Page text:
The monotypic genus Bontia, endemic to the Caribbean, is the extreme outlier of a primarily southern-hemisphere Old World family, the Myoporaceae. Ninety-five percent of the 250 species of Myoporaceae sensu R. J. Chinnock (in press) are endemic to Australia. Only six species in the family occur north of the equator; of these, all but Bontia daphnoides are locally distributed in the western Pacific. Is the evolutionary history of Bontia truly shared with Myoporaceae, or has it descended instead from the family's probable sister lineage, the Leucophylleae (Scrophulariaceae) of Mexico and Central America? We examined the possibility that Bontia is indeed an outlying member of the Myoporaceae by sequencing the rpl16 intron of the chloroplast genome for 60 taxa representing all major morphological lineages within the family, and representatives of probable outgroups that include the Leucophylleae. The sequence data were partitioned based on the probable secondary structure of the Group II intron; partition categories were defined as stem, loop, and interceding sequence. Relative rate of base change per partition was estimated using the method of Vawter and Brown (1993). The method does not assume rate constancy and allows for base composition bias between taxa and secondary structure components; therefore, relative rates of substitution can be compared between sequence partitions to study the amount of mutation occurring in stem, loop, and interceding sequence. We present the results of this partition study and the phylogeny estimate based on this data set. In this topology, Myoporaceae is monophyletic, Leucophylleae is sister to Myoporaceae, and Bontia is derived from within Myoporaceae. The results suggest that the distribution of Bontia is due to dispersal from an Australian ancestral lineage.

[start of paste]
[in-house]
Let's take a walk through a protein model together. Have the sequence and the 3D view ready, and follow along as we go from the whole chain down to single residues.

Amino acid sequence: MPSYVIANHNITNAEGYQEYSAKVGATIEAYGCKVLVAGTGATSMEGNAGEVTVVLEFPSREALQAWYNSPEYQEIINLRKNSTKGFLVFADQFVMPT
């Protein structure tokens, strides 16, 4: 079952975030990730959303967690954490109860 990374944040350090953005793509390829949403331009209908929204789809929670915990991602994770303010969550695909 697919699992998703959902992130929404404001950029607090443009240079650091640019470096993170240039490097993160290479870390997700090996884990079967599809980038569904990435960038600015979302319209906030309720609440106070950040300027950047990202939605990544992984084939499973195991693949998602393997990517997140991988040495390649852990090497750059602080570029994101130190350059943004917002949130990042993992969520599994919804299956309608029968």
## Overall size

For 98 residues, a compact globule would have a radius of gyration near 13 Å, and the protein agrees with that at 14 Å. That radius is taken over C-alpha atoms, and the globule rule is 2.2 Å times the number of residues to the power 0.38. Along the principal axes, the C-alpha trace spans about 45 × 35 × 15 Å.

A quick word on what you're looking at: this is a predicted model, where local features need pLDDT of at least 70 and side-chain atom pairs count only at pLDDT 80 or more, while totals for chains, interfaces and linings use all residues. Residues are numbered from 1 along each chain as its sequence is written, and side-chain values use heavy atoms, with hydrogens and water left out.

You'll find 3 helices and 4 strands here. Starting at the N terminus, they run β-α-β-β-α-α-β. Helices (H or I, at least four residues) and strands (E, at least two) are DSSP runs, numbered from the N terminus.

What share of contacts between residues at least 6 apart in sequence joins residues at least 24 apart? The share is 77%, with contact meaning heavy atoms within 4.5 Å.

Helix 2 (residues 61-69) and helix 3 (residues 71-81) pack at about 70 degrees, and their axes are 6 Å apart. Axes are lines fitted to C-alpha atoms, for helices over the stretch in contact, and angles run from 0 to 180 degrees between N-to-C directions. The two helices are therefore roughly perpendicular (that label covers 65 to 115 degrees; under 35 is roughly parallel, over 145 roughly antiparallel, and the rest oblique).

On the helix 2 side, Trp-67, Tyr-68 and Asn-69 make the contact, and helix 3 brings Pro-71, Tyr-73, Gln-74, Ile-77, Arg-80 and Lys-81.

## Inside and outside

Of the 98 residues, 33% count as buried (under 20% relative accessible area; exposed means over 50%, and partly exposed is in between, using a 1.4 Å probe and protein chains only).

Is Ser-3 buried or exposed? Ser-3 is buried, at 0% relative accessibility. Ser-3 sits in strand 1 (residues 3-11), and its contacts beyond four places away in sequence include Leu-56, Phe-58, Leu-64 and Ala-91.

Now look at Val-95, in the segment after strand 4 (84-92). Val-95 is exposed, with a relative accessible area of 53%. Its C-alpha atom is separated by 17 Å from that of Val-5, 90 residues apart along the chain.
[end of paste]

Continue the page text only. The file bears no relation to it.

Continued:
Key words: biogeography, data partitioning, methodology, Myoporaceae, noncoding sequences, secondary structure